Spinoza–“Bento” to his friends–apparently kept a sketchbook, but it was lost to history and no one seems to know what was in it. Berger (1926-), an eminent English art critic (author of the classic Ways Of Seeing, among many other works of criticism and fiction) and a painter himself, was inspired to use Spinoza as his muse when a friend gave him a beautiful leather-bound sketchbook. This sketchbook got him wondering: What did Spinoza’s sketchbook look like? Bento’s Sketchbook dovetails around excerpts from Spinoza’s writings, and Berger’s own included sketches–of plants, people, paintings in galleries–are a kind of reply to Spinoza’s missing ones. These drawings are the starting point for Berger’s engagement with Spinoza’s thought through the reflections, inquiries and stories that comprise this brief book.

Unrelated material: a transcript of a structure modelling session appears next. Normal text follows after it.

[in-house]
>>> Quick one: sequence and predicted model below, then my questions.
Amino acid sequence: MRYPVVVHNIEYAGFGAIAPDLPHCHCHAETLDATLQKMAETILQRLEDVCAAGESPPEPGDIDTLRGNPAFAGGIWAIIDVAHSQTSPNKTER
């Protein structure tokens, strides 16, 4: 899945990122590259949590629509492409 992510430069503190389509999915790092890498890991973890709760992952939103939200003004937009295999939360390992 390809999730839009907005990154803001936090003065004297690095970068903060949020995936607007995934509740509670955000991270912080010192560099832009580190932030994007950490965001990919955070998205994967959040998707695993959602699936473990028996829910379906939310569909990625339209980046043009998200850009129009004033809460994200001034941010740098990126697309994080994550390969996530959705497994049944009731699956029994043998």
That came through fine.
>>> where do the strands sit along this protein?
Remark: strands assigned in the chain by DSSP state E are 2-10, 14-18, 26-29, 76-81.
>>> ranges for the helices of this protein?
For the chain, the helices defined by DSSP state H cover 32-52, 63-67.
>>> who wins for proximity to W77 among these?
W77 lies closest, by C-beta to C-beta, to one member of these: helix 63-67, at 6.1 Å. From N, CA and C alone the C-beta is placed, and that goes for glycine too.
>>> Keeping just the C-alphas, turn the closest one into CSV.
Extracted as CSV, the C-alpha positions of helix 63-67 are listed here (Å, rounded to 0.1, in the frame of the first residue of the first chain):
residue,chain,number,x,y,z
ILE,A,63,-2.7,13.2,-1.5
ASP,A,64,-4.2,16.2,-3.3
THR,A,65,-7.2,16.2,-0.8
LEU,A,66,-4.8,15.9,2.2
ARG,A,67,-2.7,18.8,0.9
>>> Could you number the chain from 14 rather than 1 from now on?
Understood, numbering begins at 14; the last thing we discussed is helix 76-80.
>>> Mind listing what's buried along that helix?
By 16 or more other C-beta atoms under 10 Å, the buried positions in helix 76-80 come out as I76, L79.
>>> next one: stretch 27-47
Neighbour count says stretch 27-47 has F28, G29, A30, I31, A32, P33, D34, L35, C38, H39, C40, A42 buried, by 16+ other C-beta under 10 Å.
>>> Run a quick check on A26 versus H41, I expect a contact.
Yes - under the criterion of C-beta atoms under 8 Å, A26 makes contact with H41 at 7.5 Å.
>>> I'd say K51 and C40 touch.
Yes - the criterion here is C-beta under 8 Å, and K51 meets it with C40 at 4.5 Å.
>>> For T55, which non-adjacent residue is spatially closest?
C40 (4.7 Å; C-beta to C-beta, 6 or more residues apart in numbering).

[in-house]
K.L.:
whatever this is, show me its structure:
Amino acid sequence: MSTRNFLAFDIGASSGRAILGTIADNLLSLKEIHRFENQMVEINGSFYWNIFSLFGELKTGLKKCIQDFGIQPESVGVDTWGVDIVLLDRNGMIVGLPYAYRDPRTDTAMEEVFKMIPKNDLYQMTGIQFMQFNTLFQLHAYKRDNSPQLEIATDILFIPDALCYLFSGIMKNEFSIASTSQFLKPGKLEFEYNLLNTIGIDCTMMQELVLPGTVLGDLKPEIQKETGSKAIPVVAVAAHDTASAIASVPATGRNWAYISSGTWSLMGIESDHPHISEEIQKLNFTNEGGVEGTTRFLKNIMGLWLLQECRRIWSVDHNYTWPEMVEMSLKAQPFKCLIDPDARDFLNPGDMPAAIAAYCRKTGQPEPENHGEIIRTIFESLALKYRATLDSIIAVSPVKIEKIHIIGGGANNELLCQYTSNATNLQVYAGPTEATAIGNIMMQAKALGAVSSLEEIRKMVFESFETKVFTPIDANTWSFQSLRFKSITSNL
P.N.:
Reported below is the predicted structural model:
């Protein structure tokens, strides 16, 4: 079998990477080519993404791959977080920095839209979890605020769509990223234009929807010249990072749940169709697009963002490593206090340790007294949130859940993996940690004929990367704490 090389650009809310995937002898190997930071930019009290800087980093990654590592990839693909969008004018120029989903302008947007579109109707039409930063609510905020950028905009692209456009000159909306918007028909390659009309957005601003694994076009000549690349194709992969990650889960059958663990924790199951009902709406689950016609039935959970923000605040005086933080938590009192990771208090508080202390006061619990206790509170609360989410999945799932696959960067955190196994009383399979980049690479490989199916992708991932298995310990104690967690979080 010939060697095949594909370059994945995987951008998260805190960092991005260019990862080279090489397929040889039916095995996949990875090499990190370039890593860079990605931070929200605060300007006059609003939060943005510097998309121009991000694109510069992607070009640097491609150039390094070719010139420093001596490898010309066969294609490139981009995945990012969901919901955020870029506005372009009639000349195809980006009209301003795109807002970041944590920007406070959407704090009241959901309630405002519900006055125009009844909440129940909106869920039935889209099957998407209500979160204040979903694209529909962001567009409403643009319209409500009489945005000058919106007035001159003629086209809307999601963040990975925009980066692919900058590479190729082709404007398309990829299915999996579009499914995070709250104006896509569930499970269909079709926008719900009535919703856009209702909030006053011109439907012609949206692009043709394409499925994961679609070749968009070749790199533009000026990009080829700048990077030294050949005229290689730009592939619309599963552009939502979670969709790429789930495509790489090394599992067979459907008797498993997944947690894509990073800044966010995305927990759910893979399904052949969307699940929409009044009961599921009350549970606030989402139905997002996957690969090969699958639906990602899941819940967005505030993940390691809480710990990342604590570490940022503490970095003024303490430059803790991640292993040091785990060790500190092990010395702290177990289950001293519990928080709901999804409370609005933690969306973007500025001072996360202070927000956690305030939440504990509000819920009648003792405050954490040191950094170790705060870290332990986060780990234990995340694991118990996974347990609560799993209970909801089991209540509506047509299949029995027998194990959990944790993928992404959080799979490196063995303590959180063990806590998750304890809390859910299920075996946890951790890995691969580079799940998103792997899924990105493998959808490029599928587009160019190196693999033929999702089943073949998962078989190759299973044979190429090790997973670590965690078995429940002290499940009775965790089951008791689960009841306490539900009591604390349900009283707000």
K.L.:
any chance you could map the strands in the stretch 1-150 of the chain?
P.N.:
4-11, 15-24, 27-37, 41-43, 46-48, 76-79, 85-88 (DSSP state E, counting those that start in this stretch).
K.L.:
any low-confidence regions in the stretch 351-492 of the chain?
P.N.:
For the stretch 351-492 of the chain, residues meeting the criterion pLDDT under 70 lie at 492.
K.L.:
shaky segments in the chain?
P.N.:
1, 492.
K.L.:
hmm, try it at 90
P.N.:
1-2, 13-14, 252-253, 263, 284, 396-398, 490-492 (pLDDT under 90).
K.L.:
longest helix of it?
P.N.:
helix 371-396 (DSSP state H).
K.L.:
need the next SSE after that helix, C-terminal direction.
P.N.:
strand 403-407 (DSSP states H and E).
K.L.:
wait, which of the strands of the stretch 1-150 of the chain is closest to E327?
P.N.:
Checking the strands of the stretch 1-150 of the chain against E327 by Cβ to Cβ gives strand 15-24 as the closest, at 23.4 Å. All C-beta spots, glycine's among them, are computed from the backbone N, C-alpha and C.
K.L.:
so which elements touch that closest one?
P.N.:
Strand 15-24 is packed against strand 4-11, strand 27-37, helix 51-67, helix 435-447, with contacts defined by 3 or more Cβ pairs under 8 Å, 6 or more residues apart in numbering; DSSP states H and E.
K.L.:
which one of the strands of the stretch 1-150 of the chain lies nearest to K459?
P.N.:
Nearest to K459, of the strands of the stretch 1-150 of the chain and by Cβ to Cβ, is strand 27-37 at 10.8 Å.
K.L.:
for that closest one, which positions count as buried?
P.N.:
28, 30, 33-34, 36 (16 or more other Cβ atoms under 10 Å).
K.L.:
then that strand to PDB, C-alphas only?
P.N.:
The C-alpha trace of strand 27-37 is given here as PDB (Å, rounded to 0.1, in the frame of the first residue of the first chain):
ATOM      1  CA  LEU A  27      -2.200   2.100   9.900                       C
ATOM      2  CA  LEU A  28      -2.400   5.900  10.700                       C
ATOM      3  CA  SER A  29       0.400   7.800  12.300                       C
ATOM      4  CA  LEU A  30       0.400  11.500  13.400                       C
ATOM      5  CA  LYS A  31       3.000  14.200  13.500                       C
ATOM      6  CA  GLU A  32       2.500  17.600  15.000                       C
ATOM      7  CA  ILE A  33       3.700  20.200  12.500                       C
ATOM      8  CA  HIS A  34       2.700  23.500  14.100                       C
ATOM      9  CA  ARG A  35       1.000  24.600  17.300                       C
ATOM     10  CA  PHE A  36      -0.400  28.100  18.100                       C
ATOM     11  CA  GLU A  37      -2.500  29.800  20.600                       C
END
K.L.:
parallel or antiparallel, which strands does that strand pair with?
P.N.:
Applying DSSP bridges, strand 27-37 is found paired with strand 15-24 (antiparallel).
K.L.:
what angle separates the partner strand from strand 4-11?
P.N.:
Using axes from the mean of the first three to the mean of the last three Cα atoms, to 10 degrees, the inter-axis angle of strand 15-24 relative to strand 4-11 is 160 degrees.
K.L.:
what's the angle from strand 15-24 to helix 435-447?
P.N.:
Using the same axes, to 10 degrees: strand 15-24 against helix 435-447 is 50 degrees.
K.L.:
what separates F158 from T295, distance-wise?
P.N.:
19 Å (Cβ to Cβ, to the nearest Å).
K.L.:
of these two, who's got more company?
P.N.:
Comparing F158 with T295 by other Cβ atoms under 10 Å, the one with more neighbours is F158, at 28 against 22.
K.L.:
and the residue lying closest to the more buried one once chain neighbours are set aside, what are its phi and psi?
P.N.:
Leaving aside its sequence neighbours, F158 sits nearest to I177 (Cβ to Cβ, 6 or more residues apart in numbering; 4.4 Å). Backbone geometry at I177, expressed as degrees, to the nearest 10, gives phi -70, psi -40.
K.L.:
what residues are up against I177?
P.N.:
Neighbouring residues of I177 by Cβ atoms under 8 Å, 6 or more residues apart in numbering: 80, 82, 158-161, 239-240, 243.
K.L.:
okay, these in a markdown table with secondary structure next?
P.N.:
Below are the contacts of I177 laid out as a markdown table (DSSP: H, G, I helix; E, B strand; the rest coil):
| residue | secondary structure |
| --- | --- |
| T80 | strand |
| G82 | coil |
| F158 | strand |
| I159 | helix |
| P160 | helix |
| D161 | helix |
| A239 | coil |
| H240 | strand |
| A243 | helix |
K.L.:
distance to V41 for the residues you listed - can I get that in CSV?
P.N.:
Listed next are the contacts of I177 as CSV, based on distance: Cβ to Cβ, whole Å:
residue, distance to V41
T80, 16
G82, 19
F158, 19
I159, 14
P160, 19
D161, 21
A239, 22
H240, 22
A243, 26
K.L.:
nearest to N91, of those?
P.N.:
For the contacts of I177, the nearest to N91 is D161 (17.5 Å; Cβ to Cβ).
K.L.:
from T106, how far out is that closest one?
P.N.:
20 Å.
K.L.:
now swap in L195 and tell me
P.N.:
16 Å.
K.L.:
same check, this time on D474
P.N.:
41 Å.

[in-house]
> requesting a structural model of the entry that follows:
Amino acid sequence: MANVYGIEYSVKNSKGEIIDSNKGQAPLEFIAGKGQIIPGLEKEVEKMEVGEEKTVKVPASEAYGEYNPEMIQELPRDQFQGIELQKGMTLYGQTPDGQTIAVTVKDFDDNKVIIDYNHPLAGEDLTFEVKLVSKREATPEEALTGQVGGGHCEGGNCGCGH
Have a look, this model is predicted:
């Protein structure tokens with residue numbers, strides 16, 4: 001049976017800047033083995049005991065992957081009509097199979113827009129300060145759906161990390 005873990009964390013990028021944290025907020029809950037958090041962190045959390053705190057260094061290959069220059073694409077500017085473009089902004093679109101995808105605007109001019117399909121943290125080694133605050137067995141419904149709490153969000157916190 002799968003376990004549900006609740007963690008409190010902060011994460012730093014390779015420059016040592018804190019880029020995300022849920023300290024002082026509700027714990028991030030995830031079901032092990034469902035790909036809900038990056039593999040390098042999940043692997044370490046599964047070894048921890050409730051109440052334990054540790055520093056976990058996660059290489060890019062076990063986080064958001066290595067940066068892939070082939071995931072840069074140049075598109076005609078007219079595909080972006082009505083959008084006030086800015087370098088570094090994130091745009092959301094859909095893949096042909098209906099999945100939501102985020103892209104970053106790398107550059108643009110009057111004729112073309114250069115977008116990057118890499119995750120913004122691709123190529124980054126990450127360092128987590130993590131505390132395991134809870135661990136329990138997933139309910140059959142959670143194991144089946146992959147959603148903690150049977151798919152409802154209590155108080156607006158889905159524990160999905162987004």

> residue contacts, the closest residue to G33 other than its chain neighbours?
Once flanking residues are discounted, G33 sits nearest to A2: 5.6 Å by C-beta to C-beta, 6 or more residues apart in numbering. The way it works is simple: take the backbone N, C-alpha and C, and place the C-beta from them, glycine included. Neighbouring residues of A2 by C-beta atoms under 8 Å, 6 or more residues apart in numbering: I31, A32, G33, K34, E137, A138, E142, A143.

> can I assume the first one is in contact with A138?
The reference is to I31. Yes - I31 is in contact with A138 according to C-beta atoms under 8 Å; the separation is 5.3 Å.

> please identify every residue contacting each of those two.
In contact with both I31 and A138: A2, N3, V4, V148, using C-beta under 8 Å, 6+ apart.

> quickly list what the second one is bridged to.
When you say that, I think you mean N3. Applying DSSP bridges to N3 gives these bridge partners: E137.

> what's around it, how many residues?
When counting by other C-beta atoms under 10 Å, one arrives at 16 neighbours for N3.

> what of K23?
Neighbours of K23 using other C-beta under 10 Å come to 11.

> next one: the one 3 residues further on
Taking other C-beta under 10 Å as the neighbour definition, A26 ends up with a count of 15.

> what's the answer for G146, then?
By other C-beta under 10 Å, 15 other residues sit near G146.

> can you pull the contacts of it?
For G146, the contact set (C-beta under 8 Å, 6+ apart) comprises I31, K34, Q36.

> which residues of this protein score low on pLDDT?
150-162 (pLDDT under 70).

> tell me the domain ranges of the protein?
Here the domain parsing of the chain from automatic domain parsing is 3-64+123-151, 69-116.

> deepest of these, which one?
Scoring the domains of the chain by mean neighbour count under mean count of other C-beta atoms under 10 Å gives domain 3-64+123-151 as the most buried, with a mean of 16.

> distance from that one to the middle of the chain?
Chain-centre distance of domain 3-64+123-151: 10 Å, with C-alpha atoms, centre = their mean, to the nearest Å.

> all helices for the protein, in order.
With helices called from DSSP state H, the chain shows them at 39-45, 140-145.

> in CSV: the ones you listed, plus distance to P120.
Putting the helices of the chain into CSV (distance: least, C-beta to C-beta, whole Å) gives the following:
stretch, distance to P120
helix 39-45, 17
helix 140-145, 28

There are many amazing little ethnographic vignettes in Bento’s Sketchbook that demonstrate Berger’s wizardly powers of observation and writing. But my favorite sections are those that zoom in on the creative process–and I don’t use that phrase as a cliché either. Berger can really unpack things as only a practitioner (who can write) can. For example, near the beginning of the book he describes, and shows sketches of, a small flower in front of him that he’s in the process of drawing–a series of lines that question what is observed, accumulating “the answers” (8). And here is the fulcrum of the process: “At a certain moment…the accumulation becomes an image–that’s to say stops being a heap of signs and becomes a presence…This is when your looking changes. You start questioning the presence as much as the model” (ibid.). Then the refining begins. “You stare at the drawing…at what is radiating from [it], at [its] energy” (ibid.). You take in, in other words, its presence. The accumulative process continues as you add and subtract bits until the work feels finished and right.